‘Rights holders should do more to deliver value for sponsors’

Rights holders need to work harder to demonstrate the true value of their content and stop “chasing the quick buck” from sponsors to create “flexible” models capable of creating long-term social as well as commercial value, sponsorship experts have warned.

Rights holders need to act as brands and be the experts on how to engage fans, experts say.

Delegates at an event hosted Havas Sport and Entertainment Ignition this week (18 September) were told the traditional sponsorship model, where rights holders create value by controlling and restricting access to their assets, is at risk.

The fragmented media landscape combined with a tough economic climate is pushing brands to demand more agility from their sponsorships and offer fans a sense of ownership of content.

Gordon Lott, former London 2012 Olympic marketer for Lloyds TSB and managing director of Havas Sport & Entertainment Ignition, says: “Marketers are beginning to understand that sponsorship is a tool for which brand exposure is an outcome rather than it being the reason to sign a multi-million deal. Rights holders, however are yet to reach the same conclusion and are struggling to “bring to life” their content in a way that will deliver value beyond a traditional media buy, he added.

Lott said: “There is a big onus on rights holders to think harder about what channels and activities will genuinely enable brands to connect with fans. If [sponsorships] provide consumer value, then it generally provides overall social value. It may not have a tangible media value but it will have the greatest impact.”

Samsung’s initial five-year deal with Chelsea FC was cited as an example where a brand’s ambitions to move beyond a traditional sponsorship strategy had been hampered by a lack of flexibility and shared values from both parties.

Carolyn Anderson, former Chelsea FC marketing manager and head of marketing at LG, said the restrictions forced the South Korean multinational to establish a two-tier model where it uses the tie-up with the Premier League club to promote its premium qualities and focuses its CSR work through deals with lower-league clubs such as Swindon and Leyton Orient.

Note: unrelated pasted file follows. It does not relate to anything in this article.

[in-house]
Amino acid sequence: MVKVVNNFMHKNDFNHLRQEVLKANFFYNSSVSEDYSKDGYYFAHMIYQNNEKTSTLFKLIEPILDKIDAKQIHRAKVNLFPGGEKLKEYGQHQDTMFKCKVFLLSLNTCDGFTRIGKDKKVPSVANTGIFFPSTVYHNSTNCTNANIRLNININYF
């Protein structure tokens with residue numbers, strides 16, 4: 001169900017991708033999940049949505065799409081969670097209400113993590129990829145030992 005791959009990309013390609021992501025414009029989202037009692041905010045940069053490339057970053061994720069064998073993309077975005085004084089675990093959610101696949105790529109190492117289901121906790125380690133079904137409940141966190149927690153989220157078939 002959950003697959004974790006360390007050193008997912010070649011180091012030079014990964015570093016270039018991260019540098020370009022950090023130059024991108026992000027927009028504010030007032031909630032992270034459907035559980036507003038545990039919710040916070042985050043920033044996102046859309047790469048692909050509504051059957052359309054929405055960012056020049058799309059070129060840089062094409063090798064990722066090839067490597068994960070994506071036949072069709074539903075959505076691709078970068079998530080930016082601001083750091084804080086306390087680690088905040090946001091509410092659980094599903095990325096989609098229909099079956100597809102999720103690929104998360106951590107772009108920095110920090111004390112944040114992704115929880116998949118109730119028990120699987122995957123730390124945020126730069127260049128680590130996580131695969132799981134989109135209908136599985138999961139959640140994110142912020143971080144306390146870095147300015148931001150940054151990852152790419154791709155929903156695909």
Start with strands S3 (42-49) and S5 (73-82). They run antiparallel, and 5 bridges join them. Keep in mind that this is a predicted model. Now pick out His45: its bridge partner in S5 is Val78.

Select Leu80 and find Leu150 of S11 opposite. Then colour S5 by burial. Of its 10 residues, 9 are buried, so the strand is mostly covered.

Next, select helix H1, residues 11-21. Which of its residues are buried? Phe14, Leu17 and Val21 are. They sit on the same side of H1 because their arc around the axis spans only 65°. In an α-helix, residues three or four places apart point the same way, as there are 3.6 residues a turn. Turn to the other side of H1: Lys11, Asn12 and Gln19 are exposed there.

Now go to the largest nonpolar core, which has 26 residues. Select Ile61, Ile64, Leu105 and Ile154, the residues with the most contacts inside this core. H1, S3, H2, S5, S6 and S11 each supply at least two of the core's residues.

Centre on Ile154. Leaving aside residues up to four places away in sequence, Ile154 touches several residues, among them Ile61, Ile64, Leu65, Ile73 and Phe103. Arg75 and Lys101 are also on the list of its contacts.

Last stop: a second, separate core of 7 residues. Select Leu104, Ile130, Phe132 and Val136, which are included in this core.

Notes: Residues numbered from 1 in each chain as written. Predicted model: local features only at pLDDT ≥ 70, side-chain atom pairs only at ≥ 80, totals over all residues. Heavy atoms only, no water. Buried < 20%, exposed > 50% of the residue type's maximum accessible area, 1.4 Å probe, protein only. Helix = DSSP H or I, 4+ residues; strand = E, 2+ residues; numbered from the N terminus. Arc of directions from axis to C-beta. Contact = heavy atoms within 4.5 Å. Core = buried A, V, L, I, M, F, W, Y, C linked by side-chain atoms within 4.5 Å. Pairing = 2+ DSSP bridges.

Anderson added: “In the beginning, Samsung’s deal with Chelsea FC was a wallpaper exercise which they were only interested in using for the high-profile media coverage. This objective changed over time but they did not have the assets built into their deals to allow them to push their social conscience in a relevant way and resonate with the younger generation.”

The demand for greater flexibility has also been spurred by the growing need for sponsorships to have a central CSR element. Procter & Gamble, Sainsbury’s, Mondelez International and Coca-Cola are among a small number of companies exploring the area through their London 2012 legacy activity.

The British Paralympic Association (BPA) is trying to tap into this shift in an effort to help transform perceptions of disability and establish its own credentials as a rights owner that can drive long-term profits through CSR initiatives.

Tim Hollingsworth, chief executive of the BPA, said the organisation’s relationships with partners is based on 3 Vs – the value of the rights, the values of the business and that business being valued as a partner.

Consumers have become more “savvy”, according to the panel, and are far more positively minded toward a brand if they feel that it is having a positive impact on individuals and communities. HS&E Ignition’s research into 7,000 members of the UK public as well as 30 brands – across energy, financial services, sportswear, consumer goods and telecoms – revealed that 76 per cent of people do think brands should get actively involved in major events across sport and entertainment, as well as causes they’re passionate about such as healthy living, the environment and supporting the community.

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